Overcoming the barriers to chlamydia screening in general practice-a qualitative study

Cliodna McNulty*, Elaine Freeman, Rebecca Howell-Jones, Angela Hogan, Sarah Randall, William Ford-Young, Philippa Beckwith, Isabel Oliver

*Corresponding author for this work

Research output: Contribution to journalArticlepeer-review

21 Citations (Scopus)


Background: There is low uptake of chlamydia screening in general practices registered with the English National Chlamydia Screening Programme (NCSP). Aims: To explore staff's attitudes and behaviour around chlamydia screening and how screening could be optimized in general practice. Methods: A qualitative study with focus groups and interviews, in general practices in seven NCSP areas. Twenty-five focus groups and 12 interviews undertaken with a purposively selected diverse group of high and low chlamydia-screening practices in 2006-08. Data were collected and analysed using a framework analytical approach. Results: Higher screening practices had more staff with greater belief in patient and population benefits of screening and, as screening was a subjective norm, it was part of every day practice. Many staff in the majority of other practices were uncomfortable raising chlamydia opportunistically and time pressures meant that any extra public health issues covered within a consultation were determined by Quality Outcomes Framework (QOF) targets. All practices would value more training and feedback about their screening rates and results. Practices suggested that use of computer prompts, simplified request forms and more accessible kits could increase screening. Conclusion: Practice staff need more evidence of the value of opportunistic chlamydia screening in men and women; staff development to reduce the barriers to broaching sexual health; simpler request forms and easily accessible kits to increase their ability to offer it within the time pressures of general practice. Increased awareness of chlamydia could be attained through practice meetings, computer templates and reminders, targets and incentives or QOF points with feedback.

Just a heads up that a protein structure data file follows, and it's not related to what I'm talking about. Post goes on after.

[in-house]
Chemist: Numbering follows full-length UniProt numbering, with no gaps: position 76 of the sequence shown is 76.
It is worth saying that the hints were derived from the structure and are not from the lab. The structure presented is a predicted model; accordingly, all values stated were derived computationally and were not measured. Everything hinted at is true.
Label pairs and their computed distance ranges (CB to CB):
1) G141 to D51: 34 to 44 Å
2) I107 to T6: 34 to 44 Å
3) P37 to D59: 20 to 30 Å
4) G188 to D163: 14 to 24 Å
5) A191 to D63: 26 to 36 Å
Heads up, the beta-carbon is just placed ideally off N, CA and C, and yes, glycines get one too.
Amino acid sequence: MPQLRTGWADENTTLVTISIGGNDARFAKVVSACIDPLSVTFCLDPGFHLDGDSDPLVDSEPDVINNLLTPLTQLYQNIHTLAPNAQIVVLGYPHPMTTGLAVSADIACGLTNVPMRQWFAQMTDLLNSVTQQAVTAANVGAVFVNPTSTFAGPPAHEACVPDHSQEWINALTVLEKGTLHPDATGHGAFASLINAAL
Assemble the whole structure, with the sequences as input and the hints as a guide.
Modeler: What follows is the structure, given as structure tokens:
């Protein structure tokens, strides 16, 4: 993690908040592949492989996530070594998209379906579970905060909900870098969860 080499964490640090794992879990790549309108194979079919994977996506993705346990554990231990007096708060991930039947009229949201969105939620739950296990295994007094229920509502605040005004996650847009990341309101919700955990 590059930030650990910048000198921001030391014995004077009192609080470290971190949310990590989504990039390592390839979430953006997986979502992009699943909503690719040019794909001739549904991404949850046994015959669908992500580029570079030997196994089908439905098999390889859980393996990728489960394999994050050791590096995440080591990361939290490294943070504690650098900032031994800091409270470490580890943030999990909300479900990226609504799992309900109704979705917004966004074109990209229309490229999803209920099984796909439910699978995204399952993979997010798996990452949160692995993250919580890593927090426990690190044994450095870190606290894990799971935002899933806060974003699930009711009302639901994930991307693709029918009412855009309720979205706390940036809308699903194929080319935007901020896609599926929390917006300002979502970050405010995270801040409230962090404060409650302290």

Original languageEnglish
Pages (from-to)291-302
Number of pages12
JournalFamily Practice
Issue number3
Publication statusPublished - 22 Mar 2010

Bibliographical note

Funding Information:
Our grateful thanks to all the practice staff for their willing participation in the focus groups and to Medical Research Council for funding the study. Thanks to Lynsey Emmett and the NCSP for providing us with screening data. Thanks are due to Sue Starck, Allison Bates and Jiyoon Knight for transcribing the focus groups and to Mark Walker for his help in the data collection. Thank you to Jill Whiting for organizing the focus groups and steering group meetings and for help with the grant application and ethical approval. Thanks to Louise Wallace for her advice on the TPB. All the authors contributed to the design of the study and had input into the paper. EF, RHJ and CMcN undertook the focus groups and detailed analysis. A Hogan undertook the interviews and interview analysis. E Freeman and C McNulty wrote the paper.


  • Chlamydia trachomatis
  • Focus groups
  • Genital
  • Primary care
  • Qualitative
  • Screening


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